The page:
Immaterial Culture

For the most part, One Wilshire is an ugly and ordinary building, akin to the now classic postmodernist retirement home designed by Robert Venturi and Denise Scott Brown, Guild House. In designing Guild House, the architects decided to avoid the monumental and instead build a structure more appropriate to the banal demands of modern life. Cut-rate detailing and lowcost prefabricated elements made Guild House a stark reminder that modernism won its battle not because of ideology but because it was cheaper to build than neoclassicism. Projects by the firm that followed this methodology would be condemned as “ugly and ordinary” by Skidmore Owings and Merrill’s lead designer Gordon Bunshaft. In response Venturi and Brown adopted Bunshaft’s term of derision as a virtue. Choosing to strike preemptively against the ill-suited signage that clients inevitably put atop modernist buildings, Venturi and Scott Brown added their own sign to announce the structure’s name: a second-rate panel that simply states “Guild House” above the entrance. At the top of the building the architects also mounted a non-functioning, gold anodized antenna to denote the building’s common room and signify that the elderly watch a lot of TV. Seen by both critics and occupants as a cynical joke at the expense of the inhabitants, this useless antenna was later removed. The loss of the antenna was not, however, a fatal blow. Venturi and Scott Brown observed that the ability to remove or replace signage at will gave flexibility to structures. Upon returning from a research trip to Las Vegas, the architects coined the term “the decorated shed”? to refer to a modernist universal space coupled with a sign. Developed by Venturi and Scott Brown specifically to address the needs of a democratic information society, in the decorated shed both function and meaning could be changed at will. Although Guild House is held by many to be a key building in the evolution of postmodernism, the ideas of the decorated shed and ugly and ordinary architecture proved too controversial for even the most avantgarde architects and Venturi and Scott Brown were virtually ostracized from the profession.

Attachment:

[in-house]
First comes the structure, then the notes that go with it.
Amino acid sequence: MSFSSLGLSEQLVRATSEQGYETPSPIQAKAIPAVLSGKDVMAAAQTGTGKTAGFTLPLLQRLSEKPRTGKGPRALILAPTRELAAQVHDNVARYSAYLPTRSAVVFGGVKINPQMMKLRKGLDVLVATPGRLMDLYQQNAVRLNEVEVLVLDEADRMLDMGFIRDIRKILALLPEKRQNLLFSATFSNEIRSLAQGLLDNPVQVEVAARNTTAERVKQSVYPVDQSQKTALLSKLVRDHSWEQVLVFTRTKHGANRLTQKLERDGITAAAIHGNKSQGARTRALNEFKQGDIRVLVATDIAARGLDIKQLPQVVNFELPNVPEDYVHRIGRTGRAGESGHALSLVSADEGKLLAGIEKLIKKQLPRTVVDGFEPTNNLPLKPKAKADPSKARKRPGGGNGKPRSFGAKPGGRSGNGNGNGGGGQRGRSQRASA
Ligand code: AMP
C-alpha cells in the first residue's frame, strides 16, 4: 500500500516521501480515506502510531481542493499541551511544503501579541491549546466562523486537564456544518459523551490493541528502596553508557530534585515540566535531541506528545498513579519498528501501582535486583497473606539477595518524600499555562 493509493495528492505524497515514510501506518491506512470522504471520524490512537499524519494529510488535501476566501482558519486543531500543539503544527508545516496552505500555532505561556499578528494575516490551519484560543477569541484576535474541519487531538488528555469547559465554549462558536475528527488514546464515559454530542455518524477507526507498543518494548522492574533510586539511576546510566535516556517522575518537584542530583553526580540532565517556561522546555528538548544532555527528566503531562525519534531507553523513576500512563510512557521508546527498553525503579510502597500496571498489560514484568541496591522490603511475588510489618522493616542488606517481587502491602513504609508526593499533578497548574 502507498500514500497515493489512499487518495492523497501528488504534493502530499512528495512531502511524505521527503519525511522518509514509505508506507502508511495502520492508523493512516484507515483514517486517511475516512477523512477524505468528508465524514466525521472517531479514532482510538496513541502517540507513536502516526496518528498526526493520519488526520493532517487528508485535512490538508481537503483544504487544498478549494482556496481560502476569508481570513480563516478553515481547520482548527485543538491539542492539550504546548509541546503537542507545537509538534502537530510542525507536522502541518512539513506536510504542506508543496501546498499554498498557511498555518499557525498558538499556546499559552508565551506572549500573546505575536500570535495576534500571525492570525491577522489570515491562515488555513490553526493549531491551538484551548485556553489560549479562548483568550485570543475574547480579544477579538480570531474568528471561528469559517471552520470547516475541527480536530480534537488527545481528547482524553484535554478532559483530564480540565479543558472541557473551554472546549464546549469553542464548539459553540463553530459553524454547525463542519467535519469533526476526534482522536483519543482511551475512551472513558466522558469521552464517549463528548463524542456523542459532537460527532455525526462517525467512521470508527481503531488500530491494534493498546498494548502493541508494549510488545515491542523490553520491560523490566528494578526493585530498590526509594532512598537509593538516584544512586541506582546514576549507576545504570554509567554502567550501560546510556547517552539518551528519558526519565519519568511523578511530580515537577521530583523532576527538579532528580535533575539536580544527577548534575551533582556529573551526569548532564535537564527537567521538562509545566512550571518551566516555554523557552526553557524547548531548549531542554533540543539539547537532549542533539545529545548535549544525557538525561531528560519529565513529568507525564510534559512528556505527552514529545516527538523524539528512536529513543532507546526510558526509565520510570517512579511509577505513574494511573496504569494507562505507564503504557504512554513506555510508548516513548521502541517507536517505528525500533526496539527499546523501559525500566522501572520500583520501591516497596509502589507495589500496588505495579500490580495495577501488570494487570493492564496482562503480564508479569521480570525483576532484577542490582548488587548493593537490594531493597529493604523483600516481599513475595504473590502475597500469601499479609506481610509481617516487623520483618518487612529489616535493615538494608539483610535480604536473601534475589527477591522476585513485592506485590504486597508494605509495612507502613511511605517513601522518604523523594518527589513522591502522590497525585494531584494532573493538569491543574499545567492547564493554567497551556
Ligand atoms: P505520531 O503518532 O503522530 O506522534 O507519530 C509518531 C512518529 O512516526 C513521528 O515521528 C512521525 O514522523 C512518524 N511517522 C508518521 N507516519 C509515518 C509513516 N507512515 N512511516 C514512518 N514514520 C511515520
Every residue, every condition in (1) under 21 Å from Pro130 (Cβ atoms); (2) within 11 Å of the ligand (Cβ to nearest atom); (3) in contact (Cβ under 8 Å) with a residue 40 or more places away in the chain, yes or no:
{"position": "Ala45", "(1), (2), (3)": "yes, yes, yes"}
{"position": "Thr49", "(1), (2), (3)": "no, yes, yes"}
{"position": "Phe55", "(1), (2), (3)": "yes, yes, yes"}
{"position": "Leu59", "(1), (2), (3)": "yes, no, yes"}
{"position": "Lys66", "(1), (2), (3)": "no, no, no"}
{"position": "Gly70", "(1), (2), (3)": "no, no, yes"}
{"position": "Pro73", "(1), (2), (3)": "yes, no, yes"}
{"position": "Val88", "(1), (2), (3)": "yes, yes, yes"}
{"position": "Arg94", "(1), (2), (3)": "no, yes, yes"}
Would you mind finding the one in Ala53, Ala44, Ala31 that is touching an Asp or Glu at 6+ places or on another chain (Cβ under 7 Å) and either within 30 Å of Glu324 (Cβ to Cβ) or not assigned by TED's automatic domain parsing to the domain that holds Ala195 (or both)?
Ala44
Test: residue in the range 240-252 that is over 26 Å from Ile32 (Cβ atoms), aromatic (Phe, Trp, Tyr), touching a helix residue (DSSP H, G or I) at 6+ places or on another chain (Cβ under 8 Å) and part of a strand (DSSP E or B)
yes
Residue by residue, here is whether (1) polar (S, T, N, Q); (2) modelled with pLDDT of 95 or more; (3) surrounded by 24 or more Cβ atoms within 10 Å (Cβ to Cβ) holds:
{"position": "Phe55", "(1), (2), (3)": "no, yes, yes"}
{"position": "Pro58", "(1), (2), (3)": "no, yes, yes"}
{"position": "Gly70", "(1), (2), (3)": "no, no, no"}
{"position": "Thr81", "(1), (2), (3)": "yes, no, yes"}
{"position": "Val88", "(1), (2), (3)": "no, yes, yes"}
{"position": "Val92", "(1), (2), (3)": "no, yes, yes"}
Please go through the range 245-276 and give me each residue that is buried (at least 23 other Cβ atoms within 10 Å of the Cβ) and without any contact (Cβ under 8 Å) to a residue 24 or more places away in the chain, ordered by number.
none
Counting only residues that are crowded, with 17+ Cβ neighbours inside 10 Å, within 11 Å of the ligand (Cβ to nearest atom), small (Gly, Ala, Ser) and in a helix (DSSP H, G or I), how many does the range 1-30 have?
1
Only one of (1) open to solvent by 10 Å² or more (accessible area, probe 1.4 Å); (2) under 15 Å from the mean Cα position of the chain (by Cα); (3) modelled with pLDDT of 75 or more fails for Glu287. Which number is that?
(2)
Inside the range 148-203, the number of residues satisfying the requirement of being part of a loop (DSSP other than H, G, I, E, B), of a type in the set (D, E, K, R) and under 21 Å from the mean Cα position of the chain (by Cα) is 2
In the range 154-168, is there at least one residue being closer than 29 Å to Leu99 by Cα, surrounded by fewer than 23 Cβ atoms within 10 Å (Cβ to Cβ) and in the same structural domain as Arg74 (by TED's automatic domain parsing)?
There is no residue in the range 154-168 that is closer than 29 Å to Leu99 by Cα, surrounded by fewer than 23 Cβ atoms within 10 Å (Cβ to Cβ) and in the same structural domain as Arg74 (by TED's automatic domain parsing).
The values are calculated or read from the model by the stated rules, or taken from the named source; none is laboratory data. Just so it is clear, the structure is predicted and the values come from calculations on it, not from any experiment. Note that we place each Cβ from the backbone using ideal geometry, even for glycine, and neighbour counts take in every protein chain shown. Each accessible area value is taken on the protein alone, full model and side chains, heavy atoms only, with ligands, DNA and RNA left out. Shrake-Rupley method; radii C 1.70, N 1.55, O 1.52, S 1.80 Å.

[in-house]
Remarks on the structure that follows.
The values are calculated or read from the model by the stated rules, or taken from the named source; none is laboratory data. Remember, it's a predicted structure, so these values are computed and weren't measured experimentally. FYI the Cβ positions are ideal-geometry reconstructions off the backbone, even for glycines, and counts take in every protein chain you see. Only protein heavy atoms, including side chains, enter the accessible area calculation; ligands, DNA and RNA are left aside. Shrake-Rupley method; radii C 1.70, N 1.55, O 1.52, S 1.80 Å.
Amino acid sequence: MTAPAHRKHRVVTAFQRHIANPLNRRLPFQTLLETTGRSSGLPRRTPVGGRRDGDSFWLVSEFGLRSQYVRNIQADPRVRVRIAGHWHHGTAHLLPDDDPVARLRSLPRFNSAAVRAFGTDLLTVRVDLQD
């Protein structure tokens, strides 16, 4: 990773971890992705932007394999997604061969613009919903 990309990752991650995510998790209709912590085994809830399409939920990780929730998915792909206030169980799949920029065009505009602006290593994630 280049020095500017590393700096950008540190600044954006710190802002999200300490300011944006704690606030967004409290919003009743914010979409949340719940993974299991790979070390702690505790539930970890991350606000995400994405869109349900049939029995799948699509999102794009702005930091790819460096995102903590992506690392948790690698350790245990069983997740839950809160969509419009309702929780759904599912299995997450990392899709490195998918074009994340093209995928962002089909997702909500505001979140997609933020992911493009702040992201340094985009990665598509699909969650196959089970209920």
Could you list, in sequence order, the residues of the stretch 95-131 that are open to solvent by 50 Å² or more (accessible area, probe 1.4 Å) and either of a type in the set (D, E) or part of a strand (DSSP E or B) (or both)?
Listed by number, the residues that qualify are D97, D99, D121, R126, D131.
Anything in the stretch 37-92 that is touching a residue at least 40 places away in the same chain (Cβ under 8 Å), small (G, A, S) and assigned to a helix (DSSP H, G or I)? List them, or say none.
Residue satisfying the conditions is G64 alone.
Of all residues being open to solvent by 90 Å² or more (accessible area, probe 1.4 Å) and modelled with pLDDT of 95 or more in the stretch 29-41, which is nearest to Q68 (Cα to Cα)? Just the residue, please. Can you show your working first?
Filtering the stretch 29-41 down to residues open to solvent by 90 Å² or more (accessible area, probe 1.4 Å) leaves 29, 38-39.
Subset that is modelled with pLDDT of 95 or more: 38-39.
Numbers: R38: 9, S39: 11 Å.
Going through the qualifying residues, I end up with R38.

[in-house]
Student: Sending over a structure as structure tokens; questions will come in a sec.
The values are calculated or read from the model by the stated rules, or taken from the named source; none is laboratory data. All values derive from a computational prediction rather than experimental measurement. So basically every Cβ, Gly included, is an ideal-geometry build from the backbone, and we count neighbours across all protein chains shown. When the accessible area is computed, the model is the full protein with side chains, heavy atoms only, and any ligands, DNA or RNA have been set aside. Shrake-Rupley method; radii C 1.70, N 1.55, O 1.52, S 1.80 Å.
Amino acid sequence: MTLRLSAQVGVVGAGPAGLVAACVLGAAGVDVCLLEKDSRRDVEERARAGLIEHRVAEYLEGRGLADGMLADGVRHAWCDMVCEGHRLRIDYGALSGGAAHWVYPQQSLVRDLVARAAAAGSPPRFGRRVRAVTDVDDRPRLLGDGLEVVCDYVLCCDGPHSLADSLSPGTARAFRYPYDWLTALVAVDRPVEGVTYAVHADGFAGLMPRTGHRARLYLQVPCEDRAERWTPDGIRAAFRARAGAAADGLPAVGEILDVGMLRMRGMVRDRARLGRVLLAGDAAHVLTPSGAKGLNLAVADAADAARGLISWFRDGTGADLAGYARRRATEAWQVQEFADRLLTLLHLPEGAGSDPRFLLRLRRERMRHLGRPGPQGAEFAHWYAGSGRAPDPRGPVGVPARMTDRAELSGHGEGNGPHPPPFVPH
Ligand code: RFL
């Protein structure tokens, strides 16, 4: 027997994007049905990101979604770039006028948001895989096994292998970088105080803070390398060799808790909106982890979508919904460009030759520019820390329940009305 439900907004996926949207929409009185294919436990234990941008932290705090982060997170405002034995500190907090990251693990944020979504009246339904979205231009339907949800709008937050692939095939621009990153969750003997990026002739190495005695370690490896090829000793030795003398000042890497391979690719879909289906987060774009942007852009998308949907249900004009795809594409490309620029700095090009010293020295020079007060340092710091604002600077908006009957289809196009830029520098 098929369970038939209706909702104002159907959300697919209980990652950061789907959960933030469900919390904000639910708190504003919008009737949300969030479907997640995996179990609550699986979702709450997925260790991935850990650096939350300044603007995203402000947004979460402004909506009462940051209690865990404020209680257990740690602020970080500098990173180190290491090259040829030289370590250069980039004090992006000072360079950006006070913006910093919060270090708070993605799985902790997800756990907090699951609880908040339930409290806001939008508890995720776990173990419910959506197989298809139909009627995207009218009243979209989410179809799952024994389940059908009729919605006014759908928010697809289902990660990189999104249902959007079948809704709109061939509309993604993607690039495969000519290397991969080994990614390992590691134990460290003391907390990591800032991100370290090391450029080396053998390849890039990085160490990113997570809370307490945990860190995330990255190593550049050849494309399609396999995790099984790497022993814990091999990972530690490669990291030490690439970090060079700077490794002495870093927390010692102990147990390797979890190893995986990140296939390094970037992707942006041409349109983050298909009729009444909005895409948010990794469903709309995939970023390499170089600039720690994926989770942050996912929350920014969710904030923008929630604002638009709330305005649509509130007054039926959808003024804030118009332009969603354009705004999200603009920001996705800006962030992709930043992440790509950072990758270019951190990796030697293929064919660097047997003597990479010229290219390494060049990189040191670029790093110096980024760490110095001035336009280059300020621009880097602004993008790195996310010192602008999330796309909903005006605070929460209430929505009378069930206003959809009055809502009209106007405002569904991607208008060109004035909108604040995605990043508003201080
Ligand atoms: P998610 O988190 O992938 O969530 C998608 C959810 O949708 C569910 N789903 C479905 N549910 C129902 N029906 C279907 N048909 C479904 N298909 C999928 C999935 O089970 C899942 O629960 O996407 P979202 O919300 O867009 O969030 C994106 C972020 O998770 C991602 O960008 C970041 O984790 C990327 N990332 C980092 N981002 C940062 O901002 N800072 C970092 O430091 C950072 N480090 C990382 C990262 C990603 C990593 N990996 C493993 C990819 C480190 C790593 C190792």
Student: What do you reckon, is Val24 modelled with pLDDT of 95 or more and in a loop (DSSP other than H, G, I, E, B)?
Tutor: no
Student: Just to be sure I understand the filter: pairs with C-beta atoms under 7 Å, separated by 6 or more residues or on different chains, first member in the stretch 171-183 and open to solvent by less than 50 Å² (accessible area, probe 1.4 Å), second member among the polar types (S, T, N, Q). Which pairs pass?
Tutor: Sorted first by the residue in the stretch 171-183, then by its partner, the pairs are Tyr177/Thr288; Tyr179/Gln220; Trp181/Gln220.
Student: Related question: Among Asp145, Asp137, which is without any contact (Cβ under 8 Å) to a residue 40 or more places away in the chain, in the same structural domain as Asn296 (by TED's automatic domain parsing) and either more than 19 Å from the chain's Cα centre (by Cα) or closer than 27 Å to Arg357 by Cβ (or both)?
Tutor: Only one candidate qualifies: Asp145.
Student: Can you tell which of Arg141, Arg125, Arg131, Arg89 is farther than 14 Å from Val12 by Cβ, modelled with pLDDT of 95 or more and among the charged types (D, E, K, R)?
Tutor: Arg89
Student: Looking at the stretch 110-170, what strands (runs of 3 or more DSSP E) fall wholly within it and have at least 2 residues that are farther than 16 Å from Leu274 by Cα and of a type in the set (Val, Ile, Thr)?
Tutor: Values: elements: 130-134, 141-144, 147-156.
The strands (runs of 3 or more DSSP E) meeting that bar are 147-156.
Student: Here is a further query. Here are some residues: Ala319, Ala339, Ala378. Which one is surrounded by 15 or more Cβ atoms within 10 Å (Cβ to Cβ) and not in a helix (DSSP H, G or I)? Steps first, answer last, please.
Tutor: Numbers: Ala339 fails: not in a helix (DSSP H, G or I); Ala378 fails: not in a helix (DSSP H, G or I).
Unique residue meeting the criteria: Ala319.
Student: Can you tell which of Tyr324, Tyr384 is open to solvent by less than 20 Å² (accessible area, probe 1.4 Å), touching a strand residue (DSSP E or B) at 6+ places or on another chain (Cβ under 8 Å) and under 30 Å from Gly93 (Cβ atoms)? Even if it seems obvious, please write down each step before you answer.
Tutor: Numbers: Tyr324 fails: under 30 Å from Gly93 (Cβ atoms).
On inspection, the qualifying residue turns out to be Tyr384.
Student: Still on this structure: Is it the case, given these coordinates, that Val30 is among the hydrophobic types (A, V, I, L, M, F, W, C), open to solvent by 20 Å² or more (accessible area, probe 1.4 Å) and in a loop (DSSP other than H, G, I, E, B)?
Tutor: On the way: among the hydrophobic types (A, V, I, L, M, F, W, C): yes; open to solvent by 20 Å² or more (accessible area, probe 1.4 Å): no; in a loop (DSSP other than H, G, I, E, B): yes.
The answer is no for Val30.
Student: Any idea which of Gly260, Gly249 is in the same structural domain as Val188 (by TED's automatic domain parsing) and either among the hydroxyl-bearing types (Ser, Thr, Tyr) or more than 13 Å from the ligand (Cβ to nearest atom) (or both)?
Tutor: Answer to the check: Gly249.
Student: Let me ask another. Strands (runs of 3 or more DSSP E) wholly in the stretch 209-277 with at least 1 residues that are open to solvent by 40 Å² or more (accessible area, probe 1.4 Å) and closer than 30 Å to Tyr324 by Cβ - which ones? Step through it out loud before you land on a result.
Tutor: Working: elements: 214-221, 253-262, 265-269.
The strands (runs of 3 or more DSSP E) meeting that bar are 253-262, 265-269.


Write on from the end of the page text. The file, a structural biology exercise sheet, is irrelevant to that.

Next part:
guild house


Like Guild House, One Wilshire is simply a neutral shell lacking any aesthetic gestures. There is no reason to think that Bunshaft wouldn’t have called One Wilshire “ugly and ordinary”? as well. It was constructed at almost the same time as Guild House and shares many of its features. Unlike the AT&T Long Lines building, which Venturi and Scott Brown would have classified as a duck for possessing a form indissociable from its function, One Wilshire is a decorated shed. It has its own second-rate sign: banal modernist lettering across its façcade announces “One Wilshire”? to the rest of the city. Although the antennas at One Wilshire originally had a purpose, they are now just as superfluous as the ornament once crowning Guild House, empty symbols of a retired modern technology. But One Wilshire goes a step further than the decorated shed: its signage is obsolete from the start. It will never need to be removed. The building’s real address has never been One Wilshire, but rather 624 South Grand. An unbridgeable gap between signifier and signified, between form and function, opens up at One Wilshire. The fact that this architecturally meritless structure is also the most valuable real estate in North America only confirms that the role of the building as a producer of effect or meaning is obsolete.